The man who has marshalled the best defence in the World Cup so far will relish the task of trying to stop his old foe Cristiano Ronaldo when Uruguay and Portugal meet in Sochi on Saturday.
The Madrid derby comes to the shores of the Black Sea in the last 16 with Uruguayan captain Diego Godin, of Atletico, and his club team-mate Jose Maria Gimenez coming up against Real and Portugal’s five-time Ballon d’Or winner.
It will be a fascinating battle at the Fisht Stadium with Ronaldo, at 33, enjoying his best World Cup but Uruguay the only side to come through the group stage in Russia without conceding a goal.
Godin is an expert at keeping clean sheets, as the leader of an Atletico defence that is the most formidable in the European club game — they kept 34 in all competitions last season — and of a Uruguay side that has not conceded a goal in 2018 in six games.
Ronaldo, though, has already scored four times at this World Cup, including a hat-trick on his last visit here when Portugal drew 3-3 with Spain. That means he has 85 international goals, more than any other male European player in history.
In the last two years, he has scored two hat-tricks for Real against Godin’s Atletico, having also emerged victorious in two Madrid derby Champions League finals.
But the rugged and brave Godin, who needed reconstructive dental surgery after having three teeth punched out in an aerial challenge with Valencia’s goalkeeper earlier this year, has succeeded in muzzling Ronaldo on plenty other occasions at club level going back almost a decade.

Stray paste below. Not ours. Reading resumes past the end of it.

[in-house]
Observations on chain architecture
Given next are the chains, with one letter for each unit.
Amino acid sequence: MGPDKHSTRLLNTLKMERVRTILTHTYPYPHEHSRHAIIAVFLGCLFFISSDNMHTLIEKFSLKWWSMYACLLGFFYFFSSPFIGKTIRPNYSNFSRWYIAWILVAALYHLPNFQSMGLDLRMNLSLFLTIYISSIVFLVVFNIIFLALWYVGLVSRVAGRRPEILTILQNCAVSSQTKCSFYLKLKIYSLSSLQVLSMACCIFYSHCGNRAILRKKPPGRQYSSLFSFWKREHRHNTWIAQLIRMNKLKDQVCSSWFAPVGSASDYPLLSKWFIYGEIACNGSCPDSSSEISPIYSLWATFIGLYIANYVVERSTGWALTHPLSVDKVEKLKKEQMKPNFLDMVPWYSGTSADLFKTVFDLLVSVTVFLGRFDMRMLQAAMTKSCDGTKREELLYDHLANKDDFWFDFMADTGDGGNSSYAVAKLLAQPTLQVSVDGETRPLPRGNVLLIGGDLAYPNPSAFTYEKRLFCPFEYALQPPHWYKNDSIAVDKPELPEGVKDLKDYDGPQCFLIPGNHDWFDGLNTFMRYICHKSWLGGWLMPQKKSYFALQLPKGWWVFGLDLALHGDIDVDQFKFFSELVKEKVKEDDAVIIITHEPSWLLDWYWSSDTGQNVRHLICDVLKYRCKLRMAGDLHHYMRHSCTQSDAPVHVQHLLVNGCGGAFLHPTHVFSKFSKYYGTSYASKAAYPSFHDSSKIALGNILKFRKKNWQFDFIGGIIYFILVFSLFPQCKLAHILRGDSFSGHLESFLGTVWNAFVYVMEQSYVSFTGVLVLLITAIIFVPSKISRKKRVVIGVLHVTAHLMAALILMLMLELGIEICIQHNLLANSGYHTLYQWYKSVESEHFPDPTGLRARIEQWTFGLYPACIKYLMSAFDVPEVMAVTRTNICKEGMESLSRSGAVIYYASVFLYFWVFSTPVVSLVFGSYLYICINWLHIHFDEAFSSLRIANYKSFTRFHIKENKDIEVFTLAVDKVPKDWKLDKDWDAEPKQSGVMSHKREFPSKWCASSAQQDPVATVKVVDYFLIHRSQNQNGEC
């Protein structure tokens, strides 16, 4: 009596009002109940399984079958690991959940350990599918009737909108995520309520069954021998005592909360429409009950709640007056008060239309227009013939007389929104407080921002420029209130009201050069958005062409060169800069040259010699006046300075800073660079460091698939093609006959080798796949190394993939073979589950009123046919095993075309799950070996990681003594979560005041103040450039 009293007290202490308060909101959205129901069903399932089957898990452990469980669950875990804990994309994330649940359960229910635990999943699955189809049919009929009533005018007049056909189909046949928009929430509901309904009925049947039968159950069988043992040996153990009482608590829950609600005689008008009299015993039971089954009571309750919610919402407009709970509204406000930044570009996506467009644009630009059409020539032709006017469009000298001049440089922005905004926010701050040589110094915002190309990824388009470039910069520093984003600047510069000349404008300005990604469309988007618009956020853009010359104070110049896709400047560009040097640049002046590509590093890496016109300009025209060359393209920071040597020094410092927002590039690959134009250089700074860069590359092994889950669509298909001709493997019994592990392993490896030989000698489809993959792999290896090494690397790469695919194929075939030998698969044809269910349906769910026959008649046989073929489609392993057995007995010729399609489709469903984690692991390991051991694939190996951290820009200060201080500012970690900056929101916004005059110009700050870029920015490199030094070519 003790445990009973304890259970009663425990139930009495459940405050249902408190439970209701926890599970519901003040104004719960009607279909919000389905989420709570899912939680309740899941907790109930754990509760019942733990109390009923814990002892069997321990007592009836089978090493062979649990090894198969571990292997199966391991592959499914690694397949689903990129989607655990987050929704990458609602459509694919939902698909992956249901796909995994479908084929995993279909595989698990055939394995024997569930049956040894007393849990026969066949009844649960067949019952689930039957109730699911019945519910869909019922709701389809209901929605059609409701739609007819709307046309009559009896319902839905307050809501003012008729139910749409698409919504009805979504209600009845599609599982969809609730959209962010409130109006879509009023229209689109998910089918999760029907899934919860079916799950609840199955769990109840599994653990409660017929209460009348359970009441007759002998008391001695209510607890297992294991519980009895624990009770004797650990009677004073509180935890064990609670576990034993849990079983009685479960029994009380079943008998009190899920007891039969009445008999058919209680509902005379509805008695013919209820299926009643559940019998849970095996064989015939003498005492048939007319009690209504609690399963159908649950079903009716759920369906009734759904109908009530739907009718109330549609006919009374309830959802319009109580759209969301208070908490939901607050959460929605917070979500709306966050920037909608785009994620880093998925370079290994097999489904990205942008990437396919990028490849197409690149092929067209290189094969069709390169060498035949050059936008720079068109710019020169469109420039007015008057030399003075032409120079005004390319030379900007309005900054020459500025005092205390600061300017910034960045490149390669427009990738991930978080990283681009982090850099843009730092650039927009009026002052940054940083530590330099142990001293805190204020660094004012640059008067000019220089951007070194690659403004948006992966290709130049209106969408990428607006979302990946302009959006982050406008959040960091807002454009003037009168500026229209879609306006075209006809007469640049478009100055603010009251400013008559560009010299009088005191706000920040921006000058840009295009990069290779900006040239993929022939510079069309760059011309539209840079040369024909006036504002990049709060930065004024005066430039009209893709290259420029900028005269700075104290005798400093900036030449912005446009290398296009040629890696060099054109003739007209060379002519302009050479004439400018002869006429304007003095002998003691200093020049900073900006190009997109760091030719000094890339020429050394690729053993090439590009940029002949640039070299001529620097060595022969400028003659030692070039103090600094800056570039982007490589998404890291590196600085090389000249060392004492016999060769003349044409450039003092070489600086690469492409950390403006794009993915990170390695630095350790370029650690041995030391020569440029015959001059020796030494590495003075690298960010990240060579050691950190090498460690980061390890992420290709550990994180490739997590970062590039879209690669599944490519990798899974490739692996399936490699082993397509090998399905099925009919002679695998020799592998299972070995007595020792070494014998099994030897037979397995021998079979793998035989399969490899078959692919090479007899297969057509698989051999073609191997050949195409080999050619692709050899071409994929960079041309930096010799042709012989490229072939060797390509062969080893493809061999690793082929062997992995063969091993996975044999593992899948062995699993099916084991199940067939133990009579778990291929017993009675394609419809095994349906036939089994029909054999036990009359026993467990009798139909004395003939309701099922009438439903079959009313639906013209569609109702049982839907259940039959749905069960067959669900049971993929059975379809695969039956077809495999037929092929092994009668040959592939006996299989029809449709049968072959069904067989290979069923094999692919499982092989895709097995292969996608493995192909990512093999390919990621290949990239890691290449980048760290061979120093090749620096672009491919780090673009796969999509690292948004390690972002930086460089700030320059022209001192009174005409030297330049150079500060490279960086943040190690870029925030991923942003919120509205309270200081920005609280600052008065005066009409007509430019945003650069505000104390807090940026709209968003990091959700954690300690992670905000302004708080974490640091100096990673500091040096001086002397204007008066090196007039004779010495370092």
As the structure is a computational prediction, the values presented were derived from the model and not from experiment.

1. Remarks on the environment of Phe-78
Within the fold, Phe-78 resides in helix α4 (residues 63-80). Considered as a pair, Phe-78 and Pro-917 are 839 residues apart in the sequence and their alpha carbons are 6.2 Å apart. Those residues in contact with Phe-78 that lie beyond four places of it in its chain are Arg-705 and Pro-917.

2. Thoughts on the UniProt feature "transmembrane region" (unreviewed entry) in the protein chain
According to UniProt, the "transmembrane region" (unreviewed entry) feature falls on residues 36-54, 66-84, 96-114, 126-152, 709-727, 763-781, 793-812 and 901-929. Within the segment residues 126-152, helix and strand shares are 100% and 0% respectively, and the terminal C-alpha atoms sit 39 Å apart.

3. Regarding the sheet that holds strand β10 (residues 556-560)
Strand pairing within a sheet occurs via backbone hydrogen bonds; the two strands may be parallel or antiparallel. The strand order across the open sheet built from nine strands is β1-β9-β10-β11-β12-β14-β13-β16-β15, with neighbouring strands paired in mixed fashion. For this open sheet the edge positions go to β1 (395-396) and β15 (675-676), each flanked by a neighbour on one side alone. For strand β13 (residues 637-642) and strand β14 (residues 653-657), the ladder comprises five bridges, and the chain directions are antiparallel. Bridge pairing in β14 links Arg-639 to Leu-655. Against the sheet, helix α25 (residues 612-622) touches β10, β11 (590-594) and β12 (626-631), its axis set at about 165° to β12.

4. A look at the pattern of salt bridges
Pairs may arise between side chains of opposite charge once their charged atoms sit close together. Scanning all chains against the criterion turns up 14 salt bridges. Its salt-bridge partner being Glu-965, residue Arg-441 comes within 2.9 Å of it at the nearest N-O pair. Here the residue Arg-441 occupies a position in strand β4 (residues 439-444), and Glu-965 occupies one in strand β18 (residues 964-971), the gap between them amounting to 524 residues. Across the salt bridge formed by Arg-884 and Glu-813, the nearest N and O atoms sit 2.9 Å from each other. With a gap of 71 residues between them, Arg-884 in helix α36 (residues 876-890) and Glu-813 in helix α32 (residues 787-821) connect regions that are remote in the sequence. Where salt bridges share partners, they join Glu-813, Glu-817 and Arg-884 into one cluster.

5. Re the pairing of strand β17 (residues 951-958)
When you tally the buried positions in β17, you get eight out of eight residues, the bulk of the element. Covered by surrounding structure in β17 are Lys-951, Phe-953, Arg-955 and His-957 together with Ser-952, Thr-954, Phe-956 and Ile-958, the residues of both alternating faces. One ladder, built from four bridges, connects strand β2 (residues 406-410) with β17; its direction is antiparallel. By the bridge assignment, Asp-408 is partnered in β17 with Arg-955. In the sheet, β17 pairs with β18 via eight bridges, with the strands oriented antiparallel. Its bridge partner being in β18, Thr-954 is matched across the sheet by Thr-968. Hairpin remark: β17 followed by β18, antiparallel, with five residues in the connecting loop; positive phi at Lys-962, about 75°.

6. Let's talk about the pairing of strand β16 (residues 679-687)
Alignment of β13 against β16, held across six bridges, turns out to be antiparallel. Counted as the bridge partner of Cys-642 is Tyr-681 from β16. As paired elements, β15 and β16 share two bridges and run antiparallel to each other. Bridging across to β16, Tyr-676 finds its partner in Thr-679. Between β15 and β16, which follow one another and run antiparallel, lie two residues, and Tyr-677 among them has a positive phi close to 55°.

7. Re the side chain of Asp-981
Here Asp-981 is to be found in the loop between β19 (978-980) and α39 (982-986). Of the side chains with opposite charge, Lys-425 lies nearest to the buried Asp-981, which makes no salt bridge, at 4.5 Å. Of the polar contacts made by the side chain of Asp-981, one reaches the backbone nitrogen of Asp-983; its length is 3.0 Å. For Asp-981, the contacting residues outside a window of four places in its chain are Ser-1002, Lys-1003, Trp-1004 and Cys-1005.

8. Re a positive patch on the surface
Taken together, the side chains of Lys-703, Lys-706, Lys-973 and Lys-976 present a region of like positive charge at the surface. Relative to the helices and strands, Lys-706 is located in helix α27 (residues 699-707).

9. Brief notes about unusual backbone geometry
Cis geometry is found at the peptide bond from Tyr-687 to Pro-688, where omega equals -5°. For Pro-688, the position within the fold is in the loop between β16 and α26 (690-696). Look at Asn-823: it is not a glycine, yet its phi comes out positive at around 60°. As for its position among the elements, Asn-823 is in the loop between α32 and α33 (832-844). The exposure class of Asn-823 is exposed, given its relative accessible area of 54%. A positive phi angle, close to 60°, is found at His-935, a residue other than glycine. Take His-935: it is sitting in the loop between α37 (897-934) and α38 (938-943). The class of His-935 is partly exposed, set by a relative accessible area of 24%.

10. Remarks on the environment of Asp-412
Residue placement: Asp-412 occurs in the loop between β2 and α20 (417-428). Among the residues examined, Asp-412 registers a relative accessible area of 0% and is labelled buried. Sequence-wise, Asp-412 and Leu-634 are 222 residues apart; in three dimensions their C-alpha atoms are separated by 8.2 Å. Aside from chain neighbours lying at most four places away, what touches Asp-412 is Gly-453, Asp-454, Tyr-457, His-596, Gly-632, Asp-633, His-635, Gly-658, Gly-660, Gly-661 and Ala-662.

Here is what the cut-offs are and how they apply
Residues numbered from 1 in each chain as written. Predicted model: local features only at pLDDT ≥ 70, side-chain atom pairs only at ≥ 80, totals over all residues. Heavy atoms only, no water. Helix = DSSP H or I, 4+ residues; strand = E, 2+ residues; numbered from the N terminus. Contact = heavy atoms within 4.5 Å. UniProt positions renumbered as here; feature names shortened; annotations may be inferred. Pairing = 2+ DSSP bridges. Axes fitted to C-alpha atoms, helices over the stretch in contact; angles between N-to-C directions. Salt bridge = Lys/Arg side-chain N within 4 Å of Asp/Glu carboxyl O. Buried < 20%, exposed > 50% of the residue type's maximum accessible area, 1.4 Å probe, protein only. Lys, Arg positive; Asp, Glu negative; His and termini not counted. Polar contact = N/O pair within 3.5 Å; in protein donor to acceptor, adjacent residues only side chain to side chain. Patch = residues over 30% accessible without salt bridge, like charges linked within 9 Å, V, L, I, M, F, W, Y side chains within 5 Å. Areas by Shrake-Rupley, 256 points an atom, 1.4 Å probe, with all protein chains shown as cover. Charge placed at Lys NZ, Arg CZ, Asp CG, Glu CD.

“Godín is a star. He defends, commands, scores goals, wins titles, and does not miss a game,” said Diego Maradona recently.
On Saturday, Gimenez — who scored Uruguay’s late winner against Egypt — is set to rejoin Godin in central defence after missing the 3-0 victory over Russia due to injury.
Ronaldo, meanwhile, will look to get back among the goals having had a penalty saved in Portugal’s 1-1 draw with Iran. That, and the VAR-awarded late spot-kick for the Iranians, condemned the defending European champions to this tie rather than a meeting with the hosts in Moscow.
Portugal surely would have preferred that, for while Uruguay continue to produce tough centre-backs, they are by no means completely reliant on them.
This is a side with excellent, Italian-based midfielders in Rodrigo Bentancur, Lucas Torreira and Matias Vecino. And up front they boast two of the greatest goal-scorers of their generation in Luis Suarez and Edinson Cavani.
Suarez might lack the same sharpness of old, but he has still scored twice in Russia. One more and he will equal 1950 World Cup-winner Oscar Miguez’s Uruguayan record of eight goals at the tournament.
“They are a typical South American side,” said Portugal coach Fernando Santos.
“It’s not just in this World Cup that they have not been conceding goals. It has been like that for the whole of 2018. Oscar Tabarez is the longest-serving international manager. That means he has a very strong relationship with his players.”
These two countries with a combined population of 13.5 million have long been overachievers on the international scene — the last decade under Tabarez has seen two-time former winners Uruguay reach one World Cup semi-final and win one Copa America, while Portugal triumphed at Euro 2016.
And the Uruguayans hold their opponents in equally high regard, conscious that Ronaldo is supported by younger talents like Bernardo Silva and Goncalo Guedes.
“We will mark him with the same respect we mark everyone, despite him being a superstar,” said Sebastian Coates of Ronaldo. “You don’t prepare a match just looking at one player.”